3. Explain yourself (but not too much). It’s important to make sure that the other party understands your bad news message and doesn’t walk away with the wrong impression. For instance: “We have to let you go because we’re bringing on someone with a different skill set.” “We’re switching vendors because we need different service schedules.” “I think we should stop seeing each other because we’re both miserable.”
“As in these examples, strive to state your core message and explanation—the reason behind the message—in one sentence,” instructs Tumlin. “You can repeat variants of your message and explanation if you want to say more, but don’t add new information or you may encourage a drift away from your core message.”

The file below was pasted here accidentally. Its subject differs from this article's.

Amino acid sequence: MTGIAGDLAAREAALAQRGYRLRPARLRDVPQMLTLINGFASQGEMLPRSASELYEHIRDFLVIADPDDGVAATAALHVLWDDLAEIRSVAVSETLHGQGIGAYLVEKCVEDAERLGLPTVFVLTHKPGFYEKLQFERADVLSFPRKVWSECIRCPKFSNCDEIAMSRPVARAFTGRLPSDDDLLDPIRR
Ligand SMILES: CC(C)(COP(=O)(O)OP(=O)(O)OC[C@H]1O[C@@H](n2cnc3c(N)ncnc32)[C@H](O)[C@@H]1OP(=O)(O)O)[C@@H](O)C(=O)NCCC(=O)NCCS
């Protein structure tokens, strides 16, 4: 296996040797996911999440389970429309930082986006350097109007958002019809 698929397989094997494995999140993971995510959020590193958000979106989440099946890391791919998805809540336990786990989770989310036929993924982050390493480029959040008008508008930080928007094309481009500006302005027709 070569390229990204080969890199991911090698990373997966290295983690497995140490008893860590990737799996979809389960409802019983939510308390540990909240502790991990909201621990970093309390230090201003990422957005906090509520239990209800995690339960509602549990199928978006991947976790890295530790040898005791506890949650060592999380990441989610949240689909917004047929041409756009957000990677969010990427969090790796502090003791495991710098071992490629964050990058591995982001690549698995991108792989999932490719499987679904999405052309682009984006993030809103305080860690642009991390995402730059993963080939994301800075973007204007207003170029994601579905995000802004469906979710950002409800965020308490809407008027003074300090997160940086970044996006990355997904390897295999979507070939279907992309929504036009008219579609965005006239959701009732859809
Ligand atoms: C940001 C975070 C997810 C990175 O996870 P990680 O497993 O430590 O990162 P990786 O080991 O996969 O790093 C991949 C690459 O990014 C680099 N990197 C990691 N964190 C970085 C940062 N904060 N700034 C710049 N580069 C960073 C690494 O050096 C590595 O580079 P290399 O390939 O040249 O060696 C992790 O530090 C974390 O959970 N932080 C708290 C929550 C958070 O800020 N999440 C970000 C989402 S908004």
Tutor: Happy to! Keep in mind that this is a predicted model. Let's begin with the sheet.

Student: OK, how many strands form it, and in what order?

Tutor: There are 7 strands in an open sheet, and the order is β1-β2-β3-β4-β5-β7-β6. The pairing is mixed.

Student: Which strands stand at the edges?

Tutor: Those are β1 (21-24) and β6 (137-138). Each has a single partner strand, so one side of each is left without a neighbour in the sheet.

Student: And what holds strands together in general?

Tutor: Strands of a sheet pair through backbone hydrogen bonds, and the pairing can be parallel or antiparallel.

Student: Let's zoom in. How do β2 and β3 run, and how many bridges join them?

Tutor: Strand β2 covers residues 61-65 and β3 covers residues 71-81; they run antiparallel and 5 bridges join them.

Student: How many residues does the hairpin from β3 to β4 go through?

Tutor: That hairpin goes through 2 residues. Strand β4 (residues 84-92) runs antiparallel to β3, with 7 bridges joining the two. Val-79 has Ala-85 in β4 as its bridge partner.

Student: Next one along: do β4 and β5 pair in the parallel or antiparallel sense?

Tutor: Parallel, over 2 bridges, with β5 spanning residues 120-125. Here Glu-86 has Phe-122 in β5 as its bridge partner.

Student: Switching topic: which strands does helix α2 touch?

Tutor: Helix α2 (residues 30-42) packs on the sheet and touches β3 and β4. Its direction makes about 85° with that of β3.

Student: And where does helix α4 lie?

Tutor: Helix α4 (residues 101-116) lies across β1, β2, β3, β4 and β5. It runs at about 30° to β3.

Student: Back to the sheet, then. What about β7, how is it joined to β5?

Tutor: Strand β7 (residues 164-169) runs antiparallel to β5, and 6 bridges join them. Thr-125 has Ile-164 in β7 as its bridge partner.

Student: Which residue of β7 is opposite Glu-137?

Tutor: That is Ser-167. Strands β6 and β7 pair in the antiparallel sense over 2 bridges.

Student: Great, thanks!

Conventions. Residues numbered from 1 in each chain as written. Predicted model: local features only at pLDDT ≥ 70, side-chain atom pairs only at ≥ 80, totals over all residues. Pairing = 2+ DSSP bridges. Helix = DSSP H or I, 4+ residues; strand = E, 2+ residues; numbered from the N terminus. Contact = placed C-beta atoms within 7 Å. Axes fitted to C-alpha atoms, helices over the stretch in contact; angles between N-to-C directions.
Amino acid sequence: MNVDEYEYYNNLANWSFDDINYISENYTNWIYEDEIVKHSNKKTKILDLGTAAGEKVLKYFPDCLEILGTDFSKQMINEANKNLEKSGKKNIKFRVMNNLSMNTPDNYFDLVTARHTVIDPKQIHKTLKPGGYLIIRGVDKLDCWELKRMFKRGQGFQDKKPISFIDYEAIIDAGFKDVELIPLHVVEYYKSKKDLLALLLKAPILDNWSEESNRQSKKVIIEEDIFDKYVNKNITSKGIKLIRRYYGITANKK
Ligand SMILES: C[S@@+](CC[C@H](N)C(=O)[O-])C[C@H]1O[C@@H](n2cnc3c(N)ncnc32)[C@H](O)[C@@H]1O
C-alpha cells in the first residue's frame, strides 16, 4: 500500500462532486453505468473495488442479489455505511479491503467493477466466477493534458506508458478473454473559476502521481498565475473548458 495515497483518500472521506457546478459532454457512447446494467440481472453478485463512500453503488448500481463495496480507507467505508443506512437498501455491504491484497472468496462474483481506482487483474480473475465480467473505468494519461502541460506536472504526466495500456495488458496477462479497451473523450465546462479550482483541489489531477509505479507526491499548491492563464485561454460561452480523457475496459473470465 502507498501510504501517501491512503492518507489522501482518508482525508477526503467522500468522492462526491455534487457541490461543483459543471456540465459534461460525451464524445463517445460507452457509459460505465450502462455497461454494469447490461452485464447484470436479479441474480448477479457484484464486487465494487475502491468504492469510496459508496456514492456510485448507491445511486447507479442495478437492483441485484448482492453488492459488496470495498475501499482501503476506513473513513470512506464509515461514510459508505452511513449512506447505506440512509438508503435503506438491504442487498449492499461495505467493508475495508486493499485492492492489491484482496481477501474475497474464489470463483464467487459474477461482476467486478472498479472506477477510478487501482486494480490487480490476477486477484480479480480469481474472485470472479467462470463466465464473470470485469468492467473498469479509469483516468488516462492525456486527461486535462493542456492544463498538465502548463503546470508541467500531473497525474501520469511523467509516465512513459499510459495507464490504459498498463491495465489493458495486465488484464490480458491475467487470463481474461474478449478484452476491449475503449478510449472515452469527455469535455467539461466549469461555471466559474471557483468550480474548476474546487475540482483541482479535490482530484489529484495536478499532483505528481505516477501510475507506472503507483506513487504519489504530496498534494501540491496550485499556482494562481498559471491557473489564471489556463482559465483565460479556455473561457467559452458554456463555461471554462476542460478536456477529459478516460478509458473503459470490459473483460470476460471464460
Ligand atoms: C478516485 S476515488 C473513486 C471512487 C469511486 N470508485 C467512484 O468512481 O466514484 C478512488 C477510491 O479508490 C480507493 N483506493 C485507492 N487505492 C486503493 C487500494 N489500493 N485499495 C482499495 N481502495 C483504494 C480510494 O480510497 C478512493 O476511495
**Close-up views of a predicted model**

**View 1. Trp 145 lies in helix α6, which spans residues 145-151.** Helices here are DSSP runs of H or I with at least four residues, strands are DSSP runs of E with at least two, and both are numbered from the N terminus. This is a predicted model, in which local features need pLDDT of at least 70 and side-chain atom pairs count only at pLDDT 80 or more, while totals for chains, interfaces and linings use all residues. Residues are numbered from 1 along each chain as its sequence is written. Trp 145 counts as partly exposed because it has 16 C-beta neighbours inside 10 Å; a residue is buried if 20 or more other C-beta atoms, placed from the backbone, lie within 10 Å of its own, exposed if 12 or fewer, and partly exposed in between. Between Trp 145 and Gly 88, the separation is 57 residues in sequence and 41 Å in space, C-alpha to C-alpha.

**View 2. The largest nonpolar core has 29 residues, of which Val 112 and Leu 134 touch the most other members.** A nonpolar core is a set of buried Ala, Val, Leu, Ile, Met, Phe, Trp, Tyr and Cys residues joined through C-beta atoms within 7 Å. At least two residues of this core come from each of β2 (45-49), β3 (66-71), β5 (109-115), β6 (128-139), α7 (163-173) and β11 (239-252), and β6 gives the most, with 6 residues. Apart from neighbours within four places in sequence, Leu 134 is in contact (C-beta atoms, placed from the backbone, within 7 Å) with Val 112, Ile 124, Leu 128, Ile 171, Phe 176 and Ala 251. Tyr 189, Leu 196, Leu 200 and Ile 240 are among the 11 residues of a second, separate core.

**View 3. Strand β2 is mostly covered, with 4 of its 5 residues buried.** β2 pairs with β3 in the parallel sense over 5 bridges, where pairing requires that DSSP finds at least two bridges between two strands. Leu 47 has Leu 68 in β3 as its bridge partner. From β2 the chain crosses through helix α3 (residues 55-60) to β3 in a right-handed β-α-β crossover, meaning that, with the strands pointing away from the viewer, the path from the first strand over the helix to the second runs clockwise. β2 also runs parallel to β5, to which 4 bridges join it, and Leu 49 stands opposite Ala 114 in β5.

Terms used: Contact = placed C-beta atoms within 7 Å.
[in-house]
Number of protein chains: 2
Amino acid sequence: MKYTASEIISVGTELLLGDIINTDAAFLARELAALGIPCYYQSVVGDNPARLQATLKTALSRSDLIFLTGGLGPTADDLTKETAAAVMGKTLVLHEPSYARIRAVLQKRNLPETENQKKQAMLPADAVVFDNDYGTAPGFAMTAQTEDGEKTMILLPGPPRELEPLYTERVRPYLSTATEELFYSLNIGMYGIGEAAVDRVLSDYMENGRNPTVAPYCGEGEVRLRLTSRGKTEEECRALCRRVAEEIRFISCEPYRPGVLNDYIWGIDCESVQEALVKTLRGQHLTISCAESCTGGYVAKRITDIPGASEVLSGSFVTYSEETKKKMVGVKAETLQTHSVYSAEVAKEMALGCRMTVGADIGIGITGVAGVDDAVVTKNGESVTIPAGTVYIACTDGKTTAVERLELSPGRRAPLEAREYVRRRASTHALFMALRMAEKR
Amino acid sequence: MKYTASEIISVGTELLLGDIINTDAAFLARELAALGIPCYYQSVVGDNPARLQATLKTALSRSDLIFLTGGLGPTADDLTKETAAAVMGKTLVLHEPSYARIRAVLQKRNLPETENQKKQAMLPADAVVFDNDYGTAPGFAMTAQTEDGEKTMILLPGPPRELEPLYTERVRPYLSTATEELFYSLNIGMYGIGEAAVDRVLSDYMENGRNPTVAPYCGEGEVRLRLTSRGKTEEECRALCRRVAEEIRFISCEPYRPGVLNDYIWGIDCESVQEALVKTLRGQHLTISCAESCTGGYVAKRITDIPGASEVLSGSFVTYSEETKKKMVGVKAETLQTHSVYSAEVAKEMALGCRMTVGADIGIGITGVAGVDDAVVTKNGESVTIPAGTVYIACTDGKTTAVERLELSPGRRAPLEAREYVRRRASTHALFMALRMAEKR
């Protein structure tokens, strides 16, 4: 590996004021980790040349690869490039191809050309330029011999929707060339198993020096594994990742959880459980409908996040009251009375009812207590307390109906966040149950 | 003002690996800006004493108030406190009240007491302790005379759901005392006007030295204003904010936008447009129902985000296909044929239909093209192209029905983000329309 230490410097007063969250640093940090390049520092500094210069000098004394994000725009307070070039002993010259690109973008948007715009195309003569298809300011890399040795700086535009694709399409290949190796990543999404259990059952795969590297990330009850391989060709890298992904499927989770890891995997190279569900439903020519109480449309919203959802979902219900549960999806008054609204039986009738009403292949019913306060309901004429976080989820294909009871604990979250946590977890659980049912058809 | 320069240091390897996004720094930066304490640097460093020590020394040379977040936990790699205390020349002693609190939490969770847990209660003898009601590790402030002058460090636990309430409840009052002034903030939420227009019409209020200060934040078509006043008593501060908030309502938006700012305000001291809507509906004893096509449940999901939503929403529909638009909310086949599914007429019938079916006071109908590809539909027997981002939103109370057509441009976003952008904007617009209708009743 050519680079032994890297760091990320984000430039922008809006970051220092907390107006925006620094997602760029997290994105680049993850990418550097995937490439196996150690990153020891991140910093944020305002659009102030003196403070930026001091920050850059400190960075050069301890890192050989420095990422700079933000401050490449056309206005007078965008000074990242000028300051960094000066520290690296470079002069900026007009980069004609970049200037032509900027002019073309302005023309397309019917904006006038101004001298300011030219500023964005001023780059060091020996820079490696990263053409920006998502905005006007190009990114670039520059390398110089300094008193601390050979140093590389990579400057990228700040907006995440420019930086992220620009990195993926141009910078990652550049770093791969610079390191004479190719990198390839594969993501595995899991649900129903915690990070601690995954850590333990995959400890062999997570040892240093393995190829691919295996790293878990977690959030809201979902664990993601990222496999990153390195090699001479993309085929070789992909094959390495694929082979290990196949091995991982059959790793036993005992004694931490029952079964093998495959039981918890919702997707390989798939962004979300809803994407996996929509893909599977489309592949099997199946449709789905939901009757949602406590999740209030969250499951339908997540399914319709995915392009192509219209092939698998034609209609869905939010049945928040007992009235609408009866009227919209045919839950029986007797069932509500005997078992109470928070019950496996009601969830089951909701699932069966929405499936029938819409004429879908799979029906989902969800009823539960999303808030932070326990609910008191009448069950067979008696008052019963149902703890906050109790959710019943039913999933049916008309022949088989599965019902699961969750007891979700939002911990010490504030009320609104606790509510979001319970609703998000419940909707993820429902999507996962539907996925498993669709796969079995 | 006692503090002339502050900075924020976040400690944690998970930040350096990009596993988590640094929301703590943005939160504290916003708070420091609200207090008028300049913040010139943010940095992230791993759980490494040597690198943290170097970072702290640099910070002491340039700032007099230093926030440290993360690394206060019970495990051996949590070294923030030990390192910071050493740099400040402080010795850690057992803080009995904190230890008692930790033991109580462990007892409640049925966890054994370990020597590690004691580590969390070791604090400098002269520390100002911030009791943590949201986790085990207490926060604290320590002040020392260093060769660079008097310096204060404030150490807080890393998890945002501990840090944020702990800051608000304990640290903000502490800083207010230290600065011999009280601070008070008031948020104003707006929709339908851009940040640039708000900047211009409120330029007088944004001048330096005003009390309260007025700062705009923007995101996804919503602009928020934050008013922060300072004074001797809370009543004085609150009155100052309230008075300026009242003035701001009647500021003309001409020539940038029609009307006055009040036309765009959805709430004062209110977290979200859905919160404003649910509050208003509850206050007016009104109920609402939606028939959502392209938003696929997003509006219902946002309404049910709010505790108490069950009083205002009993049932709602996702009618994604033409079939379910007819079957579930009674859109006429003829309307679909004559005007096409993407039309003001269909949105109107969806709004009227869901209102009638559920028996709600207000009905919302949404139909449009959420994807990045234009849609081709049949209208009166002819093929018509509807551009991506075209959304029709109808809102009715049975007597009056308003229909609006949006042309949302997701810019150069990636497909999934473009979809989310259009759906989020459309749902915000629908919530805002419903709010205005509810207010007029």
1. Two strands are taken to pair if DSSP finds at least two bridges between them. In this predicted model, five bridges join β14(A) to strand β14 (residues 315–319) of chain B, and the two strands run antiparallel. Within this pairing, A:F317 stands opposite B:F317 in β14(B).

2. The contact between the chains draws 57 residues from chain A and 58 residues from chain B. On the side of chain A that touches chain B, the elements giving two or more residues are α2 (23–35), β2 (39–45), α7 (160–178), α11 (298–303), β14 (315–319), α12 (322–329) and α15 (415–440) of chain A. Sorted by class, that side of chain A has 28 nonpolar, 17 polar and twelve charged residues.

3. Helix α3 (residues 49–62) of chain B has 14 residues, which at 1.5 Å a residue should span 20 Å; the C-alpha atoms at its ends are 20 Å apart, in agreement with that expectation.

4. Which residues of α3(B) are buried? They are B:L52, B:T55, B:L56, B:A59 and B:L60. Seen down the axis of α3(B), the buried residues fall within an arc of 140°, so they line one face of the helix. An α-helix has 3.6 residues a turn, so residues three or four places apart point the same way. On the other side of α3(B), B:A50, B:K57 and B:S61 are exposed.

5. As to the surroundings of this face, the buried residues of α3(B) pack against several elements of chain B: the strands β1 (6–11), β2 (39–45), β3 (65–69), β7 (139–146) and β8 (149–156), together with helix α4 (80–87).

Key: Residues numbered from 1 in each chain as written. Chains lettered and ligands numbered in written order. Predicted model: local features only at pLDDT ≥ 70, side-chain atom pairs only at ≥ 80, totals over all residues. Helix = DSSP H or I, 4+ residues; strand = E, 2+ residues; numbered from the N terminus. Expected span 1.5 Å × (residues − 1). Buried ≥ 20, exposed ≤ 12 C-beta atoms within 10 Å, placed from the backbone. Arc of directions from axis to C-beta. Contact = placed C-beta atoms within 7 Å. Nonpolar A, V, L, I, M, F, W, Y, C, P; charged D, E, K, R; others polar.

4. Get out. (Of the conversation, that is.) If you’ve communicated your core message, and the other person understands, it’s probably acceptable to start thinking about an exit. Naturally, you should address any obvious questions (like “Do we keep making deliveries this week?” “When’s my last day?” “Who keeps the cat?”), but be wary of answering too many speculative or probing questions.
“In this type of conversation, your core message pretty much speaks for itself, and a great deal of unnecessary damage is often done when you overstay a difficult conversation,” comments Tumlin. “You might end up giving up ground you hadn’t intended to, talking about topics that are better left unaddressed, or escalating the conversation to the point of hostility.”
“When it’s time to deliver bad news, don’t get pushed off of your core message,” concludes Tumlin. “It’s a simple formula: Be clear, be concise, and be gone.”
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